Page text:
Finally, a use for all those thousand-plus-page pieces of legislation that our elected officials never read anyway: shred ’em, pulp ’em, add a shot of enzymes and ferment them into something useful: biofuels for cars.
Turns out, two companies — Denmark’s Novozymes and US-based Fiberight — have done just that by turning government waste paper and cardboard into “trashanol.” They used that fuel last week to power a flex-fuel Chevy HHR and flex-fuel Ford F150 during demonstration drives in Washington, DC.
Both vehicles can run on E85, a blend of 85 per cent waste-based biofuel and 15 per cent petrol.
During the “Ride ‘n’ Drive” demo, officials and media members had a chance to take the trash-fueled Chevy for a spin. The event marked “the first time in US history” that a vehicle powered by government waste wound through the streets of the nation’s capital, according to Novozymes.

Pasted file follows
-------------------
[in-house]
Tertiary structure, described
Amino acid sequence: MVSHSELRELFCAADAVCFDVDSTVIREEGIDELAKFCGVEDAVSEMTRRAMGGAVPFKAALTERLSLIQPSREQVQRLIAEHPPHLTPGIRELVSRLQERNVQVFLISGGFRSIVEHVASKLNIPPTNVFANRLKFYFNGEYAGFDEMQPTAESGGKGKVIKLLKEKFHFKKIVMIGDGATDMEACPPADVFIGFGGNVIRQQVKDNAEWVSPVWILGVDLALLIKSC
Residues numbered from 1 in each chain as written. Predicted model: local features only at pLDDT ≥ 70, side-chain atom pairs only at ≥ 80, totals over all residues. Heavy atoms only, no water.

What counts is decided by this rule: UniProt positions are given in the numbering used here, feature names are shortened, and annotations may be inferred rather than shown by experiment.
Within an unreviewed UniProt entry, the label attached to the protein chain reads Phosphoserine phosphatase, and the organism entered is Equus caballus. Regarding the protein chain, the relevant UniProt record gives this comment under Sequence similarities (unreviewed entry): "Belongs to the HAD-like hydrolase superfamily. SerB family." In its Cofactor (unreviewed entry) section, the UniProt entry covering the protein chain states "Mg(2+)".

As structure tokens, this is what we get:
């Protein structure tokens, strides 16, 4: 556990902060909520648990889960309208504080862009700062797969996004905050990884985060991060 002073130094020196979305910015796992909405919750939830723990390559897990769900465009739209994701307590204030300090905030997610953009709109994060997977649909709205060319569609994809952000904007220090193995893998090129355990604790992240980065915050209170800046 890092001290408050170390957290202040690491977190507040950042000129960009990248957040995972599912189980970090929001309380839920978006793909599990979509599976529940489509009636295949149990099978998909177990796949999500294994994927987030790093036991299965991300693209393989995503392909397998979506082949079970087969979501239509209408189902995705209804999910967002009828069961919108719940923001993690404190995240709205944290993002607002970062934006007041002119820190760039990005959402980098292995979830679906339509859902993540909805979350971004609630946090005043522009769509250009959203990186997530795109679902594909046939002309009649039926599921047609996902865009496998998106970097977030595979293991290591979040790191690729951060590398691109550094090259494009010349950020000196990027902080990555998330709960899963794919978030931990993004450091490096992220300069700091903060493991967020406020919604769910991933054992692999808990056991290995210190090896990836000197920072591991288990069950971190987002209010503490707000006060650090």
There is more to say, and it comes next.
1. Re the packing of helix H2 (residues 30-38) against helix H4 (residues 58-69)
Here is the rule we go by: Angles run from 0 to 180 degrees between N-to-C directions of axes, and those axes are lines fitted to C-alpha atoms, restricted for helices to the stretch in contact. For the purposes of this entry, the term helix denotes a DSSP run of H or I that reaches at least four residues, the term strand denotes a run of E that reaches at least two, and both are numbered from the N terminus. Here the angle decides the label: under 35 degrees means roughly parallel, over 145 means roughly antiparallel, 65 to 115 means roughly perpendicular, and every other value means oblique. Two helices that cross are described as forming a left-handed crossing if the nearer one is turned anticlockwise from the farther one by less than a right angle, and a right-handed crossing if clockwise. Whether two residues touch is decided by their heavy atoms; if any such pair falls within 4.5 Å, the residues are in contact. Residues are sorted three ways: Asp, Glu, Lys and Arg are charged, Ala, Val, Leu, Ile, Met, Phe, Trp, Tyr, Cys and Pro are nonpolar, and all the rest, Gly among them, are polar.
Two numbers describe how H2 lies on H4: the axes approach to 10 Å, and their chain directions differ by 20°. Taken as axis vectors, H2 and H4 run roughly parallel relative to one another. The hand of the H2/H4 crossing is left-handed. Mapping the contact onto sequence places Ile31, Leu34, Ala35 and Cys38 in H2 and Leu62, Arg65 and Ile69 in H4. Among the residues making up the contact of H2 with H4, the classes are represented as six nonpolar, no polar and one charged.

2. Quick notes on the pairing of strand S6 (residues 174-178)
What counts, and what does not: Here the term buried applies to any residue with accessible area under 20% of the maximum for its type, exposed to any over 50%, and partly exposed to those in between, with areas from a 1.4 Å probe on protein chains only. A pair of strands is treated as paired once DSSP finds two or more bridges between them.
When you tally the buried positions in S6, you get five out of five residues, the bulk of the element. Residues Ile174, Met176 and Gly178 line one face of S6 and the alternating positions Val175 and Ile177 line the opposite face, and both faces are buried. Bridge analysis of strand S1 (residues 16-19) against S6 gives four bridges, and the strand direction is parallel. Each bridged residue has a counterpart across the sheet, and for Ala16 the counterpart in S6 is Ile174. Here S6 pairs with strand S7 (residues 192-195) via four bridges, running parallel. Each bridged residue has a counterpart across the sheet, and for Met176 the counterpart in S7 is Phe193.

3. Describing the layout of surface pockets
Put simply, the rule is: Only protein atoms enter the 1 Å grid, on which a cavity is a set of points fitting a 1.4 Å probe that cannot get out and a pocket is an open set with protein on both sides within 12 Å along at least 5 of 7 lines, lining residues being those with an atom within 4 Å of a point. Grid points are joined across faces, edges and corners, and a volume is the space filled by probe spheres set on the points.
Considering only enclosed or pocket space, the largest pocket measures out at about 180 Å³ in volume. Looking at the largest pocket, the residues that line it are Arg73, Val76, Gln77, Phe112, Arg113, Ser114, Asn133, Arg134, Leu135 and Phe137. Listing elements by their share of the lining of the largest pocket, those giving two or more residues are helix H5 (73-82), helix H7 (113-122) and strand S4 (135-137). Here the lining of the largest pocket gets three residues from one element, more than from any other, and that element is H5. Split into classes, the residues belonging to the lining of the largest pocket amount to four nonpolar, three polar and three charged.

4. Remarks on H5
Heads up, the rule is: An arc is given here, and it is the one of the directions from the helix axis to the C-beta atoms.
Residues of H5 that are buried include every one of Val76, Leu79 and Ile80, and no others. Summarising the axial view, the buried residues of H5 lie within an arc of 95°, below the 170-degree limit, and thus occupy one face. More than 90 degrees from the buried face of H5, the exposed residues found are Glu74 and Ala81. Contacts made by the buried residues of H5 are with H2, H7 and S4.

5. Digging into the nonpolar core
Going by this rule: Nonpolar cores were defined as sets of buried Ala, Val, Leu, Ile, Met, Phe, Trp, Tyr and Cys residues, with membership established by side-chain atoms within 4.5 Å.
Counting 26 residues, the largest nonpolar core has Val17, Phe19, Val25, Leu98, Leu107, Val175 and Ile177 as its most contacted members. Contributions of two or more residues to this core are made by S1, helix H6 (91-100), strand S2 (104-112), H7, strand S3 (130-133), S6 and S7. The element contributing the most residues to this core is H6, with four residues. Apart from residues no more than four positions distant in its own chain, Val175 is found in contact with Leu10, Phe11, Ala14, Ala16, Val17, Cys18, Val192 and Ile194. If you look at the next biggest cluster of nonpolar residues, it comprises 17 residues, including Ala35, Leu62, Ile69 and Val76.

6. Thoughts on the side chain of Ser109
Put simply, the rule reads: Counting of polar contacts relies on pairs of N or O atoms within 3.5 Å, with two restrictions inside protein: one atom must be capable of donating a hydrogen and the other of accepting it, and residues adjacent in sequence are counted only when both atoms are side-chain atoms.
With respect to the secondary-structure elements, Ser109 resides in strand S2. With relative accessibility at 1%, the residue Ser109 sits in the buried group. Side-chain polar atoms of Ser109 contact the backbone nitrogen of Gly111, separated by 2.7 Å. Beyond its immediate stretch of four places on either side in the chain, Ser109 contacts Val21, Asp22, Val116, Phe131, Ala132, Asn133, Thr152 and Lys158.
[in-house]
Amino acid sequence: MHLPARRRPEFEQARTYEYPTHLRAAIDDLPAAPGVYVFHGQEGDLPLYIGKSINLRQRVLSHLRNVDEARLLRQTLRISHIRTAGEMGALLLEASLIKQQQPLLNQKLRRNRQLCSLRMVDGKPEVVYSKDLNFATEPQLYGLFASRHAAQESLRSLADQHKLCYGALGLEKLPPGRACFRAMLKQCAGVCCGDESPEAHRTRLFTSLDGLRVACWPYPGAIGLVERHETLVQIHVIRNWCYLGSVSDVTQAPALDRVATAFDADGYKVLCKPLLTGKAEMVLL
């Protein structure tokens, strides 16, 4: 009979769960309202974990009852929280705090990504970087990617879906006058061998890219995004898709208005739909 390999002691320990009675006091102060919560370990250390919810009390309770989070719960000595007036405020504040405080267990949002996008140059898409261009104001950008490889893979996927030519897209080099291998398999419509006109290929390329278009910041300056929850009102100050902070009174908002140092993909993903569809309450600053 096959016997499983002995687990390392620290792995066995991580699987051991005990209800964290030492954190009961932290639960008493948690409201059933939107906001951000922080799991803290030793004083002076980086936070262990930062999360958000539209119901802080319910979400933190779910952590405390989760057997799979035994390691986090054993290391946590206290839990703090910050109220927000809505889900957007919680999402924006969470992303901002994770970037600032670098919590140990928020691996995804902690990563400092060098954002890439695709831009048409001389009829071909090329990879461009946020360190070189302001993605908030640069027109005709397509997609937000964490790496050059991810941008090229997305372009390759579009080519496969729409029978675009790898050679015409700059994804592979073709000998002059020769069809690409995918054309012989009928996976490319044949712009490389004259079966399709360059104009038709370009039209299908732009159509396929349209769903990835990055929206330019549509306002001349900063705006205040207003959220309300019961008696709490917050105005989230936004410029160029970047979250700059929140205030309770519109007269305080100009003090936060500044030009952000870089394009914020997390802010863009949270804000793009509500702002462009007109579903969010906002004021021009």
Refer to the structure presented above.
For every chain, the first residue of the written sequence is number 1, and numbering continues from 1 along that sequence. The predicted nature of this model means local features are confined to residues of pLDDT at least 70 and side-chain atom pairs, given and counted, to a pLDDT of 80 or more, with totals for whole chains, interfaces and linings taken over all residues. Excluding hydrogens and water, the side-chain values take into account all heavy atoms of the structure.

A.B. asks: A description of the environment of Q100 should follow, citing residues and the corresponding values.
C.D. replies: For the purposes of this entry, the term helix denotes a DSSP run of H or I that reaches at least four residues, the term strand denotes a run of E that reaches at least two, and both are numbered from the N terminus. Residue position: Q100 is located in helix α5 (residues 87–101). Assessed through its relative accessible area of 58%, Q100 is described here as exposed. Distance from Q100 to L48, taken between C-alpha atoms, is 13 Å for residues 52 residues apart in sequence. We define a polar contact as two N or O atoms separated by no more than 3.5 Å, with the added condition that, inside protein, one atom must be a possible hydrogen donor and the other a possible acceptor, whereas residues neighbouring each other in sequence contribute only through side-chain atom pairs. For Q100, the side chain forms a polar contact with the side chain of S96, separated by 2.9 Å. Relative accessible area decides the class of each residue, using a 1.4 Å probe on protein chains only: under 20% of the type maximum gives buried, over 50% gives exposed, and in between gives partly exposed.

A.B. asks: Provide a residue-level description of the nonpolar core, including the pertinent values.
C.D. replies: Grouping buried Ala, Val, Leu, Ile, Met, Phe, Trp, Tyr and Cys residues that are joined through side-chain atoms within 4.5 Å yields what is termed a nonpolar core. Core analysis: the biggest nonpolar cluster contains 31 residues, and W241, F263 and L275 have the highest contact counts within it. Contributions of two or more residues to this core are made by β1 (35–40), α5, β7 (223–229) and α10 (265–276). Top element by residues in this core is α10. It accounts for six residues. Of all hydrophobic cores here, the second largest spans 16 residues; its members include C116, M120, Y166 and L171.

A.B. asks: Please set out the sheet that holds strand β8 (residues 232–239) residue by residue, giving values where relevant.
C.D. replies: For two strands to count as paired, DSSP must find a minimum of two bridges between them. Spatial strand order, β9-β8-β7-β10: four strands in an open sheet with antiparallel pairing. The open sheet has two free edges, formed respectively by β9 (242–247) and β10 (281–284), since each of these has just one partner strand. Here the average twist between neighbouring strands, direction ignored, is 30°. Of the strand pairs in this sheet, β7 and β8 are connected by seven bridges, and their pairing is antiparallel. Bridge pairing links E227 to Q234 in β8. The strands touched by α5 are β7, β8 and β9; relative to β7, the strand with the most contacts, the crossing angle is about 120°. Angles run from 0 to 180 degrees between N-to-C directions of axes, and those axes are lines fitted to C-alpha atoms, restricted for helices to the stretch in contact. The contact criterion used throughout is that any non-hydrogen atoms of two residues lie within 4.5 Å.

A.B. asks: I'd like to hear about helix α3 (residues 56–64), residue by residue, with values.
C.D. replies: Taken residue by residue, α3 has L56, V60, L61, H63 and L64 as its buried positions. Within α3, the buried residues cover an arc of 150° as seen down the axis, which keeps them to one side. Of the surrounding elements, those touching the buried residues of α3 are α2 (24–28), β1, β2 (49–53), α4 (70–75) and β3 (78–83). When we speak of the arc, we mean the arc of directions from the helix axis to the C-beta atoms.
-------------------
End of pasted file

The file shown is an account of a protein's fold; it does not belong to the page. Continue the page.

Fiberight recently bought an ethanol plant in Iowa and is converting it to a facility that’s expected to eventually produce up to 10 million gallons of biofuel a year from municipal solid waste. According to Craig Stuart-Paul, the company’s CEO, the US could produce up to 8 billion gallons of biofuel a year if it directed all of its paper waste toward that goal.
Don’t have time to brew your office waste paper into fuel? You might instead choose to feed it into White Goat, a machine that chews up old papers and spits out rolls of ready-to-use toilet paper (1 roll per 40 sheets of A4 paper).